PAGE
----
By: Alex Wood
Chicago four-piece Mungion embrace the jamband aesthetic whole-heartedly, fusing progressive rock, jazz, funk and more into a musical tapestry that echoes the scene’s biggest names without sounding redundant.
Their debut album, Scary Blankets, captures this experimentalism with an ambitious but carefully formulated set of songs that jam fans should fully embrace.
Look no further than opening track “Beneath The Shallows,” a 13-minute piece that stretches endlessly onward, constantly evolving to embrace new ideas and genres in a mind-melting blast of musicianship.
Though initially mirroring the shape-shifting sound of early Phish songs, the piece reaches a jazzy interlude of electronic keyboard, eventually building to a soaring prog-rock guitar solo -- the bassist and drummer also getting an opportunity to solo by the song’s finish.
This isn’t amateur hour. This is compositional competency from some genuine music fans.
“Myrtle” channels funk through odd keyboard tones and subtle-yet-challenging guitar picking, again featuring progressive riffs and harmonized jam-band vocals throughout its nine-minute runtime.
The songs rarely stay rooted in a single genre, yet remain consistent through their continuously challenging melodies and upbeat, danceable tempos.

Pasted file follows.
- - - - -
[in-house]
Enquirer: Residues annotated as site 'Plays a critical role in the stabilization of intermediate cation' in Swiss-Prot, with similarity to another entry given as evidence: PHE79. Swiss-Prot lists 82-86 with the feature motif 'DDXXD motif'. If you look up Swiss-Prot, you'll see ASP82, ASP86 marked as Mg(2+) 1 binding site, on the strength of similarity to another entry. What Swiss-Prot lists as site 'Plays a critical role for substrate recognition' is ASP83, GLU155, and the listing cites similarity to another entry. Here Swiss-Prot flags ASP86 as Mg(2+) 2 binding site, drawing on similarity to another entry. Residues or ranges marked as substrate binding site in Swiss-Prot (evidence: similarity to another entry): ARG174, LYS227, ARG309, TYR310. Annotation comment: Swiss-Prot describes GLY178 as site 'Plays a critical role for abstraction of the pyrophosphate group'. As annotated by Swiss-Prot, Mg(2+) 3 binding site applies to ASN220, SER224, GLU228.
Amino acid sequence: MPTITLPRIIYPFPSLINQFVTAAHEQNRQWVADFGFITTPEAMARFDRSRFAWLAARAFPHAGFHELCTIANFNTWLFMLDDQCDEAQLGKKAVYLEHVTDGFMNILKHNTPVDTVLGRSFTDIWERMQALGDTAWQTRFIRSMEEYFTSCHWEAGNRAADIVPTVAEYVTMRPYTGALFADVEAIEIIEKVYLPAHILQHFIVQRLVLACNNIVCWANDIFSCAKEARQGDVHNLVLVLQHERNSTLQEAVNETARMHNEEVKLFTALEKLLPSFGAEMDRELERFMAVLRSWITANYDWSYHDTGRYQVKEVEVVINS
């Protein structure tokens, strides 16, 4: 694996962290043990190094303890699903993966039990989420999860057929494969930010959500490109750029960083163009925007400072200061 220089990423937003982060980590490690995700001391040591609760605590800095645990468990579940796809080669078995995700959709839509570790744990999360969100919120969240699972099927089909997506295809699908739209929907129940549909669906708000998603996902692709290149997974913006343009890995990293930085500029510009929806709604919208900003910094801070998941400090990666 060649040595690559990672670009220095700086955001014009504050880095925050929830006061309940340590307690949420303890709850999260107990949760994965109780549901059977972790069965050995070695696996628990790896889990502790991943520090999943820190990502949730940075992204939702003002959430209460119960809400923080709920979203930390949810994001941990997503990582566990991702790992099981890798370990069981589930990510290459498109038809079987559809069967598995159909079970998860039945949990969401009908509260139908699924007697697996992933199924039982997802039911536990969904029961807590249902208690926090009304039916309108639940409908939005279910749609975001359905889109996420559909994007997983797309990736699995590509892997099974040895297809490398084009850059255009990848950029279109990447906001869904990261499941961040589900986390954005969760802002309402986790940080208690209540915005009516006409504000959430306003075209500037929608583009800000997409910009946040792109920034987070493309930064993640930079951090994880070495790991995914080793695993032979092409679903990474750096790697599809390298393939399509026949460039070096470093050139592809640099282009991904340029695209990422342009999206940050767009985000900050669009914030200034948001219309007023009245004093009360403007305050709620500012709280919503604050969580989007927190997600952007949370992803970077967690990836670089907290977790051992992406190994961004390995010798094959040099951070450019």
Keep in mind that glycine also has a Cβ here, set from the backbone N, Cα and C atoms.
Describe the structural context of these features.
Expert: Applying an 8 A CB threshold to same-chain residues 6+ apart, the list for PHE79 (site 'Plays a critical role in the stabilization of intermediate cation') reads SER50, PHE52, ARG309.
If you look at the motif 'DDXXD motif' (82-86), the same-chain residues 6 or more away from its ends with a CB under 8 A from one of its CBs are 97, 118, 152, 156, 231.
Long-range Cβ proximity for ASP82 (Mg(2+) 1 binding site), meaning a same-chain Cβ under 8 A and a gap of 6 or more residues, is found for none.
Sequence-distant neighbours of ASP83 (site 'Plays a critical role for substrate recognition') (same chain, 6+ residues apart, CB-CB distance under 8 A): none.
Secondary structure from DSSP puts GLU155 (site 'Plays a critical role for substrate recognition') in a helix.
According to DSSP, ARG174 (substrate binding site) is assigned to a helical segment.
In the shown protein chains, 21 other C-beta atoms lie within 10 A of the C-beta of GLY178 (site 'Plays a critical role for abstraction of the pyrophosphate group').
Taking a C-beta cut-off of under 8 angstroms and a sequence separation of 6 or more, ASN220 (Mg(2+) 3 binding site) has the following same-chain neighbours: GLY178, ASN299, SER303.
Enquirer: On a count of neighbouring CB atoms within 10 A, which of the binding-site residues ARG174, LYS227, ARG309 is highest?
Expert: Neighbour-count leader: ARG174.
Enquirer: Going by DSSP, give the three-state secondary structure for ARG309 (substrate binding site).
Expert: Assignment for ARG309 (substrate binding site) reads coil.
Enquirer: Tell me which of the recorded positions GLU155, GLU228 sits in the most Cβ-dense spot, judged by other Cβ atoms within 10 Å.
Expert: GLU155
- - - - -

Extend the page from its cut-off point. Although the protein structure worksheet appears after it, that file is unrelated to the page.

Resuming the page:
But the band’s dedication and reliance on the classic sound could be its only drawback, with tracks like “Schvingo” coming awfully close to songs like Phish’s “Stash.” The lyrics are silly and meaningless, the vocal delivery familiar and the instrumentalism holding close in tone to their influences, despite the stellar musicianship.
With that said, when Mungion steps out of its comfort zone to explore stranger territories, the result is excellent.
The speedy jazz of “Scrambled Legs” heavily features bassist Sean Carolan, with intentionally strange vocals that aren’t far from Les Claypool’s. The two-and-a-half minute track a welcome burst of odd energy and a clear indication of the band members enjoying themselves in the studio.
This jazz influence seeps into “Nuthead” as well, which features goofy vocal melodies and blistering guitar riffs, the band embracing the most fun aspects of the jam scene before exploring electronics in a spacey solo section.
Even “Uncle Ron,” a short interlude featuring a recording from an answering machine, is a welcome break and hopeful indication of more adventurous directions to come from the band.
Mungion’s combined sounds and influences mold together perfectly in closer “My Darling Troll,” a funky and concise instrumental featuring keyboard and organ solos, a progressive-rock guitar freakout and shifting dynamics throughout. The song defies the often-strict confines of the scene, offering a refreshing end to the record.
In the end, the varying aspects of Mungion’s sound combine already familiar concepts of those who blazed a trail before them -- the heavy progressive riffs of Umphrey’s McGee, the clean, inventive noodling of early Phish, the classic vocal melodies of Widespread Panic, the jazzy experimentalism of Medeski, the electronic leanings of Lotus -- yet manage to sound fresh and original when combined with such vivacity.
The outstanding musicianship on Scary Blankets is enough reason to check out Mungion, and Chicagoans would be wise to keep an eye and ear on what may be one of the most promising upcoming jambands on the scene.
Mugion will be playing a Phish after-show at Tonic Room on Friday, June 24 and Scary Blankets is available through their website.